Building Sustainable Economic Opportunity in the Local Community.
Magnificent Magdalena Bay™
“MagBay” is MarVivo’s first mangrove preservation site and is a project organized not only to conserve the ecological health of the area’s pristine mangrove forests and protect the abundant marine life dependent on them, but also endeavoring to provide lasting economic growth to the communities living within and dependent on the conservation area.
Magdalena Bay is home to Baja’s largest mangrove forest creating an incredibly diverse and unique ecosystem known for its congregation of Gray Whales each year. The Baja peninsula is one of the few remaining marine systems on Earth with a high biomass and high biodiversity. Magdalena Bay is at the epicenter of this biodiversity hotspot
Sustainable Economic Initiatives Through REDD+
REDD+ is a United Nations-backed framework that aims to curb climate change by stopping the destruction of forests.
REDD+ projects pursue long-term strategies for addressing the underlying causes of deforestation and degradation . They consider the needs of business, society and the environment together, striking a sustainable balance that does not put the developing world’s right for economic growth at odds with our collective need to protect our planet’s fragile ecosystem.
In essence, REDD+ is the framework through which countries, the private sector, investment funds and others can pay communities to not cut down their forests.
The MarVivo Project is a coalition including CONANP and the communities of Magdalena Bay to promote community-based mangrove management in combination with wildlife conservation through programs that benefit communities, wildlife and ecologically important habitats.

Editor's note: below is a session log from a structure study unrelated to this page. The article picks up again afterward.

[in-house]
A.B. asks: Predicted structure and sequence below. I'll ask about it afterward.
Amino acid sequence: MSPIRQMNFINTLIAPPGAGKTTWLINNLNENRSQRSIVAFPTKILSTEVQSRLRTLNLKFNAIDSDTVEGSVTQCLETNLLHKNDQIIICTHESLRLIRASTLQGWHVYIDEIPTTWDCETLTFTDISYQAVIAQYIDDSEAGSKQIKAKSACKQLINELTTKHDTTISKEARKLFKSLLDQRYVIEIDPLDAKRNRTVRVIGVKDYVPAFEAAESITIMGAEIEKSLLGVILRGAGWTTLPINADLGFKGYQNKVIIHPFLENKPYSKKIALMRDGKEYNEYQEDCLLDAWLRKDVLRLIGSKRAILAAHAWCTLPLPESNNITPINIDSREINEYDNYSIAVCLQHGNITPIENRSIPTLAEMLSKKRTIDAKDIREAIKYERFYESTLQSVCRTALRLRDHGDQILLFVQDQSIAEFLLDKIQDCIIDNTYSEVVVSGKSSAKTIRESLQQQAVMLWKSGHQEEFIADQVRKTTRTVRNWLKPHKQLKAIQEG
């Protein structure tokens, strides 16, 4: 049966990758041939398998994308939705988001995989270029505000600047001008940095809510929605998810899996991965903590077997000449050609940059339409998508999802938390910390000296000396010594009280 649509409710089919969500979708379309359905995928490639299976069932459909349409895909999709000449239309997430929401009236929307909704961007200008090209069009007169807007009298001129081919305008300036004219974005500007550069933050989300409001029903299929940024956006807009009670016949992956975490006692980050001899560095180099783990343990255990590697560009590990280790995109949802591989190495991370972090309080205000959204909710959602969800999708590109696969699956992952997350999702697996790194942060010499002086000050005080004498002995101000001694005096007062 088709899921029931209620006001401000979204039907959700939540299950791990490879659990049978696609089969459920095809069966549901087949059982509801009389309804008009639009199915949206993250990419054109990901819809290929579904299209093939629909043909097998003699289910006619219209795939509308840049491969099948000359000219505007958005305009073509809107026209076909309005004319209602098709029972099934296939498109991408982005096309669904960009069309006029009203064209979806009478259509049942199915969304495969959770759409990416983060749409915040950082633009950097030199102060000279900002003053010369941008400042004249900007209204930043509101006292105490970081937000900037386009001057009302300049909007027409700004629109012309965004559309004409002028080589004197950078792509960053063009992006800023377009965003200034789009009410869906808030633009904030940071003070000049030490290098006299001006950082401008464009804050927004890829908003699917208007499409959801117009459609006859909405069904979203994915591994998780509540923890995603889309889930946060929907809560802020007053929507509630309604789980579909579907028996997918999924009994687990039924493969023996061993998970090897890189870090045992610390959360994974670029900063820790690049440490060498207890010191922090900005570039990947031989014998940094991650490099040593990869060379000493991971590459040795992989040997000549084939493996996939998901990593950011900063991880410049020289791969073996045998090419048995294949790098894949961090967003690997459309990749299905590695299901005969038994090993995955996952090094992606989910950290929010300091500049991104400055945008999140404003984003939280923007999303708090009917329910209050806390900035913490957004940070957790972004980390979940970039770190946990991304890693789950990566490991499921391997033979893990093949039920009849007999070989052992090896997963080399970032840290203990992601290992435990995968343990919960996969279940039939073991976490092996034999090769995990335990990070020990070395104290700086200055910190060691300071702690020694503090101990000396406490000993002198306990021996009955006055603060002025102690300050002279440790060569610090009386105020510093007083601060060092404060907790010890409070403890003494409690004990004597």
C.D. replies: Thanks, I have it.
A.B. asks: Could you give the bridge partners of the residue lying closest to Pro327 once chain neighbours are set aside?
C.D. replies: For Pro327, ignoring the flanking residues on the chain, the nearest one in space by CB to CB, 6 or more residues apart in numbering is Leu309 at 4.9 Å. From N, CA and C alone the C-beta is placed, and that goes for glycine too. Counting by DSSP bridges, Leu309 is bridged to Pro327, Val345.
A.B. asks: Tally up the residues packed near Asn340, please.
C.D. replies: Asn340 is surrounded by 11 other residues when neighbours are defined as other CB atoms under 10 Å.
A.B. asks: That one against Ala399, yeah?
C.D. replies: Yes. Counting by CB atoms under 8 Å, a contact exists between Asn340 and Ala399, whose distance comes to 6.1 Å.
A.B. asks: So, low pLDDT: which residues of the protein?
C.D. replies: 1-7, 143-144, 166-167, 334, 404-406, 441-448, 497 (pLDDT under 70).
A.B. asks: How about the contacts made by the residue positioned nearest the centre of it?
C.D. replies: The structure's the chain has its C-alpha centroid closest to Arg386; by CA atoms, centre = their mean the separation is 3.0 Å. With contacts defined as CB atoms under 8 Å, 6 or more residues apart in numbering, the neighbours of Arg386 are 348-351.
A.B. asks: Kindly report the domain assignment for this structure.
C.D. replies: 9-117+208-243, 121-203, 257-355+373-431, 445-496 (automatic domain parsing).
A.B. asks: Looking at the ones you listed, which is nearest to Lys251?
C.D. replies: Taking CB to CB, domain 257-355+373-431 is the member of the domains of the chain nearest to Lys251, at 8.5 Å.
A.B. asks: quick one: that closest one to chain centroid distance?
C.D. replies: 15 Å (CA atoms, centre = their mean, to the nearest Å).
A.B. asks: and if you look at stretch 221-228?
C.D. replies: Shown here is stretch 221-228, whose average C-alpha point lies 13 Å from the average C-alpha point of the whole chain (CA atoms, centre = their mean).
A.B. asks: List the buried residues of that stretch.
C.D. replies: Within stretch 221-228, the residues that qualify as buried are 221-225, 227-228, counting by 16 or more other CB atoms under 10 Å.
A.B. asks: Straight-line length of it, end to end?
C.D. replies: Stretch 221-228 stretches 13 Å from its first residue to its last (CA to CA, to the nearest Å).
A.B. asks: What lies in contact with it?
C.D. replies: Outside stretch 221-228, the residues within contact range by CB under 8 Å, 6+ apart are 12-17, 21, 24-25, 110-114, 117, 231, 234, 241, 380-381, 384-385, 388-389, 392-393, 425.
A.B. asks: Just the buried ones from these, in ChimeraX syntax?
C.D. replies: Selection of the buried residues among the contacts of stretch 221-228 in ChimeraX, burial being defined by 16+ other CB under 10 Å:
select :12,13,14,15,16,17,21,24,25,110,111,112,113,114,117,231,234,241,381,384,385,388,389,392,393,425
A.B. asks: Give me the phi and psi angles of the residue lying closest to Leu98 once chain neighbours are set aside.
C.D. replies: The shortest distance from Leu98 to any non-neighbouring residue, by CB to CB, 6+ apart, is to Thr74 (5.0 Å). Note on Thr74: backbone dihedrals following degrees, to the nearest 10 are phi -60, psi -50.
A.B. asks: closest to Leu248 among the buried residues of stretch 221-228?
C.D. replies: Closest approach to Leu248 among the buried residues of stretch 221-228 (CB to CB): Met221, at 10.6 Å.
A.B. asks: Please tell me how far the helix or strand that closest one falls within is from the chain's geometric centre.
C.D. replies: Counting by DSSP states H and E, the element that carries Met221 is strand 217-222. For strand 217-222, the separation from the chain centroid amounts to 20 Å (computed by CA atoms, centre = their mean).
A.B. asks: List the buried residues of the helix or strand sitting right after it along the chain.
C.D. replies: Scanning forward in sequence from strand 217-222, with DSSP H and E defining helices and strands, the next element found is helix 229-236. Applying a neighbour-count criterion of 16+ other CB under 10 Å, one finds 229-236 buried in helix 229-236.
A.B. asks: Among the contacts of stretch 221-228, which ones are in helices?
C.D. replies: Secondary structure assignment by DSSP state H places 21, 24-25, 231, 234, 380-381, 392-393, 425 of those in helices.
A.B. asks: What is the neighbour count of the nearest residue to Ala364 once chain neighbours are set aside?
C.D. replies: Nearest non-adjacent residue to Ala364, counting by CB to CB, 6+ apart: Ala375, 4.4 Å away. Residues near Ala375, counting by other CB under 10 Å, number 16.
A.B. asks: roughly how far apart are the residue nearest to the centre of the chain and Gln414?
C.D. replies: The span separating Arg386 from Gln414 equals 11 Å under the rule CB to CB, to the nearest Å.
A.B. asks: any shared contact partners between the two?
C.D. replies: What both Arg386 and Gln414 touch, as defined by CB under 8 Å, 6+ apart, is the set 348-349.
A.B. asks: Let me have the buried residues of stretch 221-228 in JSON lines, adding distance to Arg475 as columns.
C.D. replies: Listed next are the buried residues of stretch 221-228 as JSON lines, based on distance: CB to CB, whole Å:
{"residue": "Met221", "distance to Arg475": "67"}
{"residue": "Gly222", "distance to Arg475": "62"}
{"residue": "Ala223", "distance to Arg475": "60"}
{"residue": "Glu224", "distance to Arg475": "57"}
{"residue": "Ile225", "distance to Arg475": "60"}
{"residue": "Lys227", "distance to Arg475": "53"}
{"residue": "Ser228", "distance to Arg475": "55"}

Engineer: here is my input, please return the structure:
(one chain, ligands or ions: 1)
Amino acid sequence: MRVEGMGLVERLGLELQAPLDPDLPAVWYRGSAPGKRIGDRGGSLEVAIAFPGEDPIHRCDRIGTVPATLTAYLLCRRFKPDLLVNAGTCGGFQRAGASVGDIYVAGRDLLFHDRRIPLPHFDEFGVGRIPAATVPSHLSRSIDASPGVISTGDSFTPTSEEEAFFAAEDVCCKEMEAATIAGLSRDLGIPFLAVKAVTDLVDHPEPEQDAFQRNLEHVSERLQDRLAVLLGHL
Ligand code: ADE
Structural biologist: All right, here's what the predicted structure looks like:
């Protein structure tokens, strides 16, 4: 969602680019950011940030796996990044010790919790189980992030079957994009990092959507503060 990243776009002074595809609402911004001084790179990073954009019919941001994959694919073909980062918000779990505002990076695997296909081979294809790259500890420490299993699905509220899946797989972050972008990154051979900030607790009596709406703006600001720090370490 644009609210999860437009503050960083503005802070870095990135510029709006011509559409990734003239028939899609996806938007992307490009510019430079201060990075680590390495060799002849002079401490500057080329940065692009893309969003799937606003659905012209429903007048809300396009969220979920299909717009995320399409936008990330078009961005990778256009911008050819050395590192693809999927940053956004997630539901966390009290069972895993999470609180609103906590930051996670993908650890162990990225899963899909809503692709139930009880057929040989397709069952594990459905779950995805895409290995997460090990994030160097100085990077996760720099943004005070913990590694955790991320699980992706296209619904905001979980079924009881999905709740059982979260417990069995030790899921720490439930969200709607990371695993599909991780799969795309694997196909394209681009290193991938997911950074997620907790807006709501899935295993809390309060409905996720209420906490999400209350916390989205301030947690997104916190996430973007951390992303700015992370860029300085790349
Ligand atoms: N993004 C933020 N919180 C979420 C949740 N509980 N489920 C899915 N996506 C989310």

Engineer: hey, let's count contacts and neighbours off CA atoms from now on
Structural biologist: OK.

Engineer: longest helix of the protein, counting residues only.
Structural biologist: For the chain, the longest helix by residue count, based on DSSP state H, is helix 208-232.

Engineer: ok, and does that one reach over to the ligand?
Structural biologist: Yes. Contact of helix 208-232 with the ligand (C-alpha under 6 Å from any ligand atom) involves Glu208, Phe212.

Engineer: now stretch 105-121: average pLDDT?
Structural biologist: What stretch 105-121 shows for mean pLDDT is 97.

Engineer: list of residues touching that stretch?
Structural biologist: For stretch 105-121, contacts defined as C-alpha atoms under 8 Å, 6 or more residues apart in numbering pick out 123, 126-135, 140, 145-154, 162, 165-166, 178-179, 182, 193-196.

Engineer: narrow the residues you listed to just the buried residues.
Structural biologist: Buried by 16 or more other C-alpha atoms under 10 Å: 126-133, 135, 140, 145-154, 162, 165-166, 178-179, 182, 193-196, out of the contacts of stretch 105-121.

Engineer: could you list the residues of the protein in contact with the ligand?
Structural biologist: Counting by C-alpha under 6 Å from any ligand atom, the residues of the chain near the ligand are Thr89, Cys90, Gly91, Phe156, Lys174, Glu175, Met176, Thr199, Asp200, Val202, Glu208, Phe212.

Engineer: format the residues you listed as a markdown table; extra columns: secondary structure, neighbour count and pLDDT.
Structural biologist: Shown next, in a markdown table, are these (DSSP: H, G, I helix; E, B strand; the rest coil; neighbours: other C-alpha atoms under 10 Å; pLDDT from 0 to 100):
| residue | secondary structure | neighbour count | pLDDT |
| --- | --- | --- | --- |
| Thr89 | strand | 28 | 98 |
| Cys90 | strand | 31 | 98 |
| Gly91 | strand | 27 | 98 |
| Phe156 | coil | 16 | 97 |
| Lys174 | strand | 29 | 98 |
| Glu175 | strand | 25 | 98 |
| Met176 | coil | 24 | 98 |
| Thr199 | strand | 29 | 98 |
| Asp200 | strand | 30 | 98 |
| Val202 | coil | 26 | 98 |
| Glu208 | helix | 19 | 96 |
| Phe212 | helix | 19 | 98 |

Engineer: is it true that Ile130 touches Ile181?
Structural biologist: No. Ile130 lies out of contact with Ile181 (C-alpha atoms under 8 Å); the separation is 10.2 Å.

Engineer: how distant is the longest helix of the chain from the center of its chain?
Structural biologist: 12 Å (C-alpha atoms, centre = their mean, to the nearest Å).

Conservation of Endangered Species
Magdalena Bay’s abundance of mangrove forests shelters unique biodiversity which includes multiple species listed on the IUCN Red List.
Shortfin and Longfin Mako Shark
Scalloped Hammerhead Shark
Smooth Hammerhead Shark
Pacific Green Sea Turtle
The Baja Peninsula and Sea of Cortez’s Mangrove forests have been identified as pupping grounds for 6+ species of sharks. Magdalena Bay in particular is frequented by many species of sharks including Mako sharks, Blue sharks, Hammerhead sharks and Silky sharks, all of which are particularly vulnerable to shark fishing.
Pressures on marine ecosystems from social, economic, political activities, as well as climate-change, are already severe and Human activities often undermine the resilience of the marine ecosystems upon which we depend for food and income.
Protecting Mangroves and Sharks
Many marine species are endangered due to overfishing. By building sustainable ecotourism businesses in MagBay and eliminating overfishing, these animals can begin to recover their populations. They are #WorthMoreAlive
If we are to save the oceans, we must save MANGROVES and SHARKS. Marine ecosystems depend particularly on conserving the bottom (mangroves) and the top (sharks) trophic levels of the food chain.
Learn more about the dangers of a trophic cascade in MarVivo’s Conservation Thesis.